• 82 Metascore
    • 63 Wesley Morris
    A bizarre film.
    • 58 Metascore
    • 63 Wesley Morris
    The film leaves you dissatisfied, as though you'd just spent two hours with a menagerie of plastic white people.
    • 39 Metascore
    • 63 Wesley Morris
    The movie is just a cheesy, preposterous, semi-eroticized way of yelling, "Fight! Fight!," when two people go at it in the school cafeteria.
    • 64 Metascore
    • 63 Wesley Morris
    The overall lack of subtlety is a riot - there's even a cautionary production of "Peter and the Wolf" happening in the background during one journalist-politician showdown at a Beltway gala. Still, it's a pleasure watching this cast make the most of the material.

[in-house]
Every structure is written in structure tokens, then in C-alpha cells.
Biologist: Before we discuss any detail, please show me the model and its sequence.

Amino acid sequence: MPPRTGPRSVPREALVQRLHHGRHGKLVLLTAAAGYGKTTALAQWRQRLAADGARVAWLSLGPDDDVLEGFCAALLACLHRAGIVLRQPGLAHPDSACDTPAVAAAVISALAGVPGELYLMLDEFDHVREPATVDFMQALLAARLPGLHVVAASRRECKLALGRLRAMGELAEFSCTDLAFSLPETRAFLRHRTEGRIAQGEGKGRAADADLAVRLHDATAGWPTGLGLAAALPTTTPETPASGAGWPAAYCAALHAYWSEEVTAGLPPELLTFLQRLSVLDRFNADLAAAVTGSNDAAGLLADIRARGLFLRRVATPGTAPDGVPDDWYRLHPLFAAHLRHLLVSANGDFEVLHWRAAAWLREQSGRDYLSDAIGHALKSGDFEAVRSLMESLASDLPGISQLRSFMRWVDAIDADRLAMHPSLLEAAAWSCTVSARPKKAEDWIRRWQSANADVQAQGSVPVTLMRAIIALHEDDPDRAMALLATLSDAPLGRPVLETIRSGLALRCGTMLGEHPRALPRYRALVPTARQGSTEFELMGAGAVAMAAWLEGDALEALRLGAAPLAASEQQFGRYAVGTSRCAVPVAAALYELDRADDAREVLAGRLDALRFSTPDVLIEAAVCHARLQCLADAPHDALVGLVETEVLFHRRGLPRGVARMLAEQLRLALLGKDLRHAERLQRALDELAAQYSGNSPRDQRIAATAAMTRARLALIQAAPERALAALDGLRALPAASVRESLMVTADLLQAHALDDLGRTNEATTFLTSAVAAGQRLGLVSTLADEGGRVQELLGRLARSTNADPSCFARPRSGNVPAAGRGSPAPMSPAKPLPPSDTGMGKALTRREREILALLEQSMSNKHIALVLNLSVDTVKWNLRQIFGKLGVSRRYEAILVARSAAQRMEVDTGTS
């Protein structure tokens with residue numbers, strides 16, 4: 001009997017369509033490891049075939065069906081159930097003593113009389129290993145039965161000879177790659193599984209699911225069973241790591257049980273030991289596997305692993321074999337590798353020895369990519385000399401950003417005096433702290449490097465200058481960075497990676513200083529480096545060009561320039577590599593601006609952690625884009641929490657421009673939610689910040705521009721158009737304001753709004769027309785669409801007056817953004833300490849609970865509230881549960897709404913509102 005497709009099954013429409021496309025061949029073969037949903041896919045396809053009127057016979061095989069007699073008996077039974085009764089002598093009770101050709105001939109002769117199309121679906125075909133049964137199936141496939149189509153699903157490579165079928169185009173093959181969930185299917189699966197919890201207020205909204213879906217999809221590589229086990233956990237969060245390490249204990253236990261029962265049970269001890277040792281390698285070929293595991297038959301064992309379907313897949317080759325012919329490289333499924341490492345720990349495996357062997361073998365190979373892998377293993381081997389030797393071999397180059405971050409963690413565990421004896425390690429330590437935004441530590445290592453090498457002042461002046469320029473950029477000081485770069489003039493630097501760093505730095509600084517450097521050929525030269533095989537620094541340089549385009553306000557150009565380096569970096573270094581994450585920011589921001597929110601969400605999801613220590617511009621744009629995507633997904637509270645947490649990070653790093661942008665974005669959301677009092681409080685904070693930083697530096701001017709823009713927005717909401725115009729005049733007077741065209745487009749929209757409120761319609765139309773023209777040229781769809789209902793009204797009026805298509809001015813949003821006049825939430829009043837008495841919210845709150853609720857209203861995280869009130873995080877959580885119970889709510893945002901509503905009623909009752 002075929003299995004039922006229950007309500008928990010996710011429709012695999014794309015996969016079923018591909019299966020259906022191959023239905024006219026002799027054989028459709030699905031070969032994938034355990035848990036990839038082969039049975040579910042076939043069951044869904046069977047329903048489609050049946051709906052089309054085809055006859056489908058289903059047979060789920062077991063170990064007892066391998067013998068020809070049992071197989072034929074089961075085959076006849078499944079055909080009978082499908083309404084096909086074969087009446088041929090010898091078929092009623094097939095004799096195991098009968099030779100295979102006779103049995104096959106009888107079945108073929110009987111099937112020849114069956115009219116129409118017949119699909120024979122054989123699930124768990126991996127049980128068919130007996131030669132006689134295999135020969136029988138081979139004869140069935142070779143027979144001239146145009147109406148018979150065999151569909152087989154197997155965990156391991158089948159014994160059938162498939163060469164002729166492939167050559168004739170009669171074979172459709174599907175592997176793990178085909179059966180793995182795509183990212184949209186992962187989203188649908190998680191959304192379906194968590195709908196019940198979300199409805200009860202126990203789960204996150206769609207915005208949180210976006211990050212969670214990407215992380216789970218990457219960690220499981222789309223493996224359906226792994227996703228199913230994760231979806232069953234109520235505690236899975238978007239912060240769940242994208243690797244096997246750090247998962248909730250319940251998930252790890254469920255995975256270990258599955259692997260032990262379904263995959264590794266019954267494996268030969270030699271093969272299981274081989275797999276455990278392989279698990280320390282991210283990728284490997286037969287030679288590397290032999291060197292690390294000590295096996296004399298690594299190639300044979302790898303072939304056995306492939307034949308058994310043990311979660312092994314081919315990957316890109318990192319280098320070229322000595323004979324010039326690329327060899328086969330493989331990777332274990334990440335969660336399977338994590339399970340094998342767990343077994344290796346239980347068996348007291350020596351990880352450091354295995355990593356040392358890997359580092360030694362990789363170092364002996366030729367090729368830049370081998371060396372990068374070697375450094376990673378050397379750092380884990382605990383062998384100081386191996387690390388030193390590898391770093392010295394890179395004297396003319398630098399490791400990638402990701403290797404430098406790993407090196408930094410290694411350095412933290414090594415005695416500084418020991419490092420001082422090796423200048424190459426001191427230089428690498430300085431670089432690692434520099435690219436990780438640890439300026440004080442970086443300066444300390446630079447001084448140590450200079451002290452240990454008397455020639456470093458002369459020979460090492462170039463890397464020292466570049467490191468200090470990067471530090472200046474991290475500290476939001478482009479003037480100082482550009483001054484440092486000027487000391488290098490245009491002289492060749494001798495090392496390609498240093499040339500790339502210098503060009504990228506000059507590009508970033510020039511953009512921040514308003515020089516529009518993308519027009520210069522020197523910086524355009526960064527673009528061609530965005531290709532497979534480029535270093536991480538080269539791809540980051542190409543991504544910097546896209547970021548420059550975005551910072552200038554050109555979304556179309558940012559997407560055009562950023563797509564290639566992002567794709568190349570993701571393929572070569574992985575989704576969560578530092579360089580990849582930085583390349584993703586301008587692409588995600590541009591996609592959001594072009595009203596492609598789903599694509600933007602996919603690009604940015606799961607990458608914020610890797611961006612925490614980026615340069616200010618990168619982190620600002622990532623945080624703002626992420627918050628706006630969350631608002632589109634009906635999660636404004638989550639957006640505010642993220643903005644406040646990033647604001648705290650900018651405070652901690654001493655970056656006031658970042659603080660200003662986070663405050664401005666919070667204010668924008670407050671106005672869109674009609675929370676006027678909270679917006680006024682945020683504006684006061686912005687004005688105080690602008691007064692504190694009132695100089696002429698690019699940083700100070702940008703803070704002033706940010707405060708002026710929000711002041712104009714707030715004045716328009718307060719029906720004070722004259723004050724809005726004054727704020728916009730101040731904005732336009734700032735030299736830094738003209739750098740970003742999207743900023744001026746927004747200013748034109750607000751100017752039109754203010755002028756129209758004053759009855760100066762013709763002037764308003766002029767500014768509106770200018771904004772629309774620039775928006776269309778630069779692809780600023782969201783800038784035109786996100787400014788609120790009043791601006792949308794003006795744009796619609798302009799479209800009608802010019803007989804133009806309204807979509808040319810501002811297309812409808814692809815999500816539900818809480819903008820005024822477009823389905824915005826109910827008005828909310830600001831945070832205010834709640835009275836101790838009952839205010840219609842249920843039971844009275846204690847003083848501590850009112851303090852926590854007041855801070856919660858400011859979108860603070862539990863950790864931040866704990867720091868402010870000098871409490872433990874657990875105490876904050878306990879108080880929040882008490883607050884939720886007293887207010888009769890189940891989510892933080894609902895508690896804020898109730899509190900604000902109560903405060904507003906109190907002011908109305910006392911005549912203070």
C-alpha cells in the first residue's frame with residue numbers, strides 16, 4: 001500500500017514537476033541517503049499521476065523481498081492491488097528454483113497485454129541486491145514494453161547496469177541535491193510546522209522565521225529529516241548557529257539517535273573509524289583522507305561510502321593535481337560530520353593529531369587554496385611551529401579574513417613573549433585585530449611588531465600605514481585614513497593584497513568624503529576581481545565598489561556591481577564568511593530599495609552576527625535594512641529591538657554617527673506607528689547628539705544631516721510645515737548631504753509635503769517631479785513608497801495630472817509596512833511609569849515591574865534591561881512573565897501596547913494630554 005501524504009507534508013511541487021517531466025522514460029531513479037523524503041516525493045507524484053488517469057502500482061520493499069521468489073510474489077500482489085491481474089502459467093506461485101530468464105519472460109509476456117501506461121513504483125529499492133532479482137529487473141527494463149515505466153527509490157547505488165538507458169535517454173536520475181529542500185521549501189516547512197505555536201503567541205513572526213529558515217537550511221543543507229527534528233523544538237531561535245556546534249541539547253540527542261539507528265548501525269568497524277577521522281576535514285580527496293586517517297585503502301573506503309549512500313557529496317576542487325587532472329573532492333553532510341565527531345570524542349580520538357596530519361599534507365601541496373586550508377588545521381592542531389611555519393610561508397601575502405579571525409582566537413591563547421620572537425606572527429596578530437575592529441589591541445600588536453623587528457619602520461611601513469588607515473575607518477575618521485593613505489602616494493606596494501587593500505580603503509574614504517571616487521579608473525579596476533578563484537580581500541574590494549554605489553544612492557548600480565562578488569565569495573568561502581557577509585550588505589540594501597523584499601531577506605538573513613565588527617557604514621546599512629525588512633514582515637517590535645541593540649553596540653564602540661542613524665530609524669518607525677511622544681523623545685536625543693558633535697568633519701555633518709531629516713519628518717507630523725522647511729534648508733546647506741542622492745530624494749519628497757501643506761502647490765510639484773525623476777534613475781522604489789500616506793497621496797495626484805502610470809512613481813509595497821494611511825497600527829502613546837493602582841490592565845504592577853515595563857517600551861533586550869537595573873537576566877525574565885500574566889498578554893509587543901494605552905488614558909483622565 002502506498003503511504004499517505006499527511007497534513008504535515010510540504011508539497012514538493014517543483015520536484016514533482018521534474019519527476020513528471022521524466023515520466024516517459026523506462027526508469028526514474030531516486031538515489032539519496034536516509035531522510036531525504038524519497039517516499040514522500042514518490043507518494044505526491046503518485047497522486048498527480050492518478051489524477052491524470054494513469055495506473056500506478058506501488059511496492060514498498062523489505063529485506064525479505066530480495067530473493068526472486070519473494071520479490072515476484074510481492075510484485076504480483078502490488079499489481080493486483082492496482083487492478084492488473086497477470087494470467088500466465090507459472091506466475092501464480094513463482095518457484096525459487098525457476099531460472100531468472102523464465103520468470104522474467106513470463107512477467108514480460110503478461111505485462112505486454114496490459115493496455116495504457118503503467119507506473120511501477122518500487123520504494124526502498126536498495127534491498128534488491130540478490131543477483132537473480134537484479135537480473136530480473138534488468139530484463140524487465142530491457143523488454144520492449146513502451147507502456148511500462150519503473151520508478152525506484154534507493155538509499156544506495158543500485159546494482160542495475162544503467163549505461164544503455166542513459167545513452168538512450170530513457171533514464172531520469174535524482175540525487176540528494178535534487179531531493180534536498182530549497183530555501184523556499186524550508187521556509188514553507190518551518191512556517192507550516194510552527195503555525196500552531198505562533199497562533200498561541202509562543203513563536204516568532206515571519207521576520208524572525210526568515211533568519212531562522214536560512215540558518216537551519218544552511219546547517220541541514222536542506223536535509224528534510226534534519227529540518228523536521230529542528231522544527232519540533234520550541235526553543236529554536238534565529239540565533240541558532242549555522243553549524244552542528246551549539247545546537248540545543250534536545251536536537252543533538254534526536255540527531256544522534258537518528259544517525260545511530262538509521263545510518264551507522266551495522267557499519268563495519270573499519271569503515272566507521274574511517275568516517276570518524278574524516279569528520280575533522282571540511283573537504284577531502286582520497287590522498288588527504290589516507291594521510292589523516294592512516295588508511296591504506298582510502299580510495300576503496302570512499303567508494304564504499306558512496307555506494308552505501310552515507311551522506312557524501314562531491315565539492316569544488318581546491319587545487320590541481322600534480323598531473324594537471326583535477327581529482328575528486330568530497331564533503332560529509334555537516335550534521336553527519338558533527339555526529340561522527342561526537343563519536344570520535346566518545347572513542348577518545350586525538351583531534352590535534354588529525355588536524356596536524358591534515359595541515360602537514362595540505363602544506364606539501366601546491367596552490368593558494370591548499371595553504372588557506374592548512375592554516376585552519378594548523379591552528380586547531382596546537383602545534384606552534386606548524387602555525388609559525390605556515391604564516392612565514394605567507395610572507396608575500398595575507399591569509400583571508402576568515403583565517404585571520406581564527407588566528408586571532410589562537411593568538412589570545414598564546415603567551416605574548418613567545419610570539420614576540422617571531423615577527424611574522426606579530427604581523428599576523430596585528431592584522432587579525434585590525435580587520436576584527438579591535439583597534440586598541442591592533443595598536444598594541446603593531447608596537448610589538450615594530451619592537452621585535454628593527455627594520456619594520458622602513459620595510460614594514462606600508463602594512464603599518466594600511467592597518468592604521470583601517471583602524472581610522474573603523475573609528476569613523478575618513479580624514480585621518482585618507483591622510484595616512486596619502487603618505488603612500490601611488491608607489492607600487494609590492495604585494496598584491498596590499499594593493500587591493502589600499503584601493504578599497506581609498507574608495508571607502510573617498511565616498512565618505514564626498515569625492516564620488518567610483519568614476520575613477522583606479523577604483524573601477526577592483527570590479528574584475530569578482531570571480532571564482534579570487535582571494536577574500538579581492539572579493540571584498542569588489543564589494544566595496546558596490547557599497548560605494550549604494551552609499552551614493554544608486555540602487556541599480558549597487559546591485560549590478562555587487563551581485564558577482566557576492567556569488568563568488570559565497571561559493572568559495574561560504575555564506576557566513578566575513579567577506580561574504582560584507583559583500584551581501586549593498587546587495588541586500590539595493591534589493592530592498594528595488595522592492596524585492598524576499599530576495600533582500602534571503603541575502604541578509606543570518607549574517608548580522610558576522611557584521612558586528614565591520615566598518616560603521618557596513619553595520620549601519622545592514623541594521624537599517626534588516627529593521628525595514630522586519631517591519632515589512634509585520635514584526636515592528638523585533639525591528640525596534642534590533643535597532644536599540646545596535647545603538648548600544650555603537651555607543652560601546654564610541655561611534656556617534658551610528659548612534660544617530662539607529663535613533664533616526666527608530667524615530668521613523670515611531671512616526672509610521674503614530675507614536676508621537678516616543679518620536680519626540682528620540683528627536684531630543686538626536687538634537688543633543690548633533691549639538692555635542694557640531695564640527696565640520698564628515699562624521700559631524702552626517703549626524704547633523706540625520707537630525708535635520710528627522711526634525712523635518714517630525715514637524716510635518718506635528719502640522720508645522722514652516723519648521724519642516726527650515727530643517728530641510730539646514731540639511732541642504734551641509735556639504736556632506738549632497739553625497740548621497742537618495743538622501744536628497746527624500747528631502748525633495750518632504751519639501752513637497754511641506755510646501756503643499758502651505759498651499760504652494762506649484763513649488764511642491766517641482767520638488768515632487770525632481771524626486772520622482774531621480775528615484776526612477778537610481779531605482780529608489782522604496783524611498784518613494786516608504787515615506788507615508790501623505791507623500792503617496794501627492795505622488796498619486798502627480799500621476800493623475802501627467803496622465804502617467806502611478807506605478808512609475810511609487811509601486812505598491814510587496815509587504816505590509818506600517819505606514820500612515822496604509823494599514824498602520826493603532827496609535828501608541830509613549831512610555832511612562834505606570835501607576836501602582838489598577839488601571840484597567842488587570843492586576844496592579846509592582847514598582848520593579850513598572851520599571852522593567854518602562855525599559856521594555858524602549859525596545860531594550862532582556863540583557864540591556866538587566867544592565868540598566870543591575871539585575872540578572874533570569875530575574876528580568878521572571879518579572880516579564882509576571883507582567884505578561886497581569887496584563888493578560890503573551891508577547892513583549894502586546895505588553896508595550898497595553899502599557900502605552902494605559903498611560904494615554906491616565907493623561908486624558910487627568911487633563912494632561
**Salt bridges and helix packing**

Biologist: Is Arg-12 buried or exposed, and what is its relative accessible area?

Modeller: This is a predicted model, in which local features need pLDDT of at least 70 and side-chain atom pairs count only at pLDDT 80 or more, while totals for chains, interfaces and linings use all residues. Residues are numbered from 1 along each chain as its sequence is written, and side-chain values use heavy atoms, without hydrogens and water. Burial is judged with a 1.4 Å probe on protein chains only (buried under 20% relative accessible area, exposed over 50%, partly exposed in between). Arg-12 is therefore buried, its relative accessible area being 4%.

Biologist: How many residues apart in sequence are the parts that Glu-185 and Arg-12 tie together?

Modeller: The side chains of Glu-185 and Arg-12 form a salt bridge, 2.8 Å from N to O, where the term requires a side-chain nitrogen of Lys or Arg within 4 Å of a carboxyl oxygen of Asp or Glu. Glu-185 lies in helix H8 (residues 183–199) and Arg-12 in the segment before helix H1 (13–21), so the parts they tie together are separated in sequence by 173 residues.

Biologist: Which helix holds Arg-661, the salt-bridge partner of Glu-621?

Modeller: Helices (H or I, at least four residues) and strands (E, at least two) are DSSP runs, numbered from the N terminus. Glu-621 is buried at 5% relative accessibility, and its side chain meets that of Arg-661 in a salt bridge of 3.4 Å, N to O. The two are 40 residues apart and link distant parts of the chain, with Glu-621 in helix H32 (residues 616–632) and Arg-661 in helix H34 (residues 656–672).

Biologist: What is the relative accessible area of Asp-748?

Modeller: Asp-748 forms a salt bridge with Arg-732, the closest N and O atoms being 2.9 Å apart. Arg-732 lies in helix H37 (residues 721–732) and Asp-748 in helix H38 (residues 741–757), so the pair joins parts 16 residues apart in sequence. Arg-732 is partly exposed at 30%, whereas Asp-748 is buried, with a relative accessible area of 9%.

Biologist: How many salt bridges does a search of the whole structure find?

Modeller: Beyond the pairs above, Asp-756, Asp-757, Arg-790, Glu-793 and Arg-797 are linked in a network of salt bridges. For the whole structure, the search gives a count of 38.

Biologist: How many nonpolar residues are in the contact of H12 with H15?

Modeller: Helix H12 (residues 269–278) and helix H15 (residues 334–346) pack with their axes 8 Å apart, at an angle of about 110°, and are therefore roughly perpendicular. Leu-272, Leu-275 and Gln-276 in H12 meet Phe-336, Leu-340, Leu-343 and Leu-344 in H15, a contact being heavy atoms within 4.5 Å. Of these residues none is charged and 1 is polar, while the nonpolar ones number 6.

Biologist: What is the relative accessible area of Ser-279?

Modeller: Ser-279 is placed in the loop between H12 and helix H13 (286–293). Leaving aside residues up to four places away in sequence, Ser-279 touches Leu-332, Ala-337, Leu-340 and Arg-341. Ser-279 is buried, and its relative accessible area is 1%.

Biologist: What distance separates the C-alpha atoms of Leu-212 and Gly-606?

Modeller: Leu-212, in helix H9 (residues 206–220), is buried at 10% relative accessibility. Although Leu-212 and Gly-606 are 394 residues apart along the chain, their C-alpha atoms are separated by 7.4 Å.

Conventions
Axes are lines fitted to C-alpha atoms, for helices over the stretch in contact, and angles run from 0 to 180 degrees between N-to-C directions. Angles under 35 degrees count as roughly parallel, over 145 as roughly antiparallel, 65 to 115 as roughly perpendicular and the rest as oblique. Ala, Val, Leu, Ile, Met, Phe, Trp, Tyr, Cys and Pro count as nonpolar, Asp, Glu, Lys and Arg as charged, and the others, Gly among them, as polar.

• 49 Metascore
    • 63 Wesley Morris
    The idea that self-mockery makes people relax is tricky. One man's disarmament is another's minstrelsy, and the fine line is well worth another documentary.
    • 54 Metascore
    • 63 Wesley Morris
    More of a sand-and-noodles western set in the Far East.
    • 59 Metascore
    • 63 Wesley Morris
    Basically an addiction thriller in which the thirst is for the acquisition and execution of knowledge. So you need an actor who seems surprised by how smart he is but not afraid to be charmingly intelligent. Cooper turns out to be perfect for the part.
    • 39 Metascore
    • 63 Wesley Morris
    The Daddy Day Care business model appears to be the 1983 Michael Keaton vehicle ''Mr. Mom,'' put on an unstoppable sugar high.
    • 85 Metascore
    • 63 Wesley Morris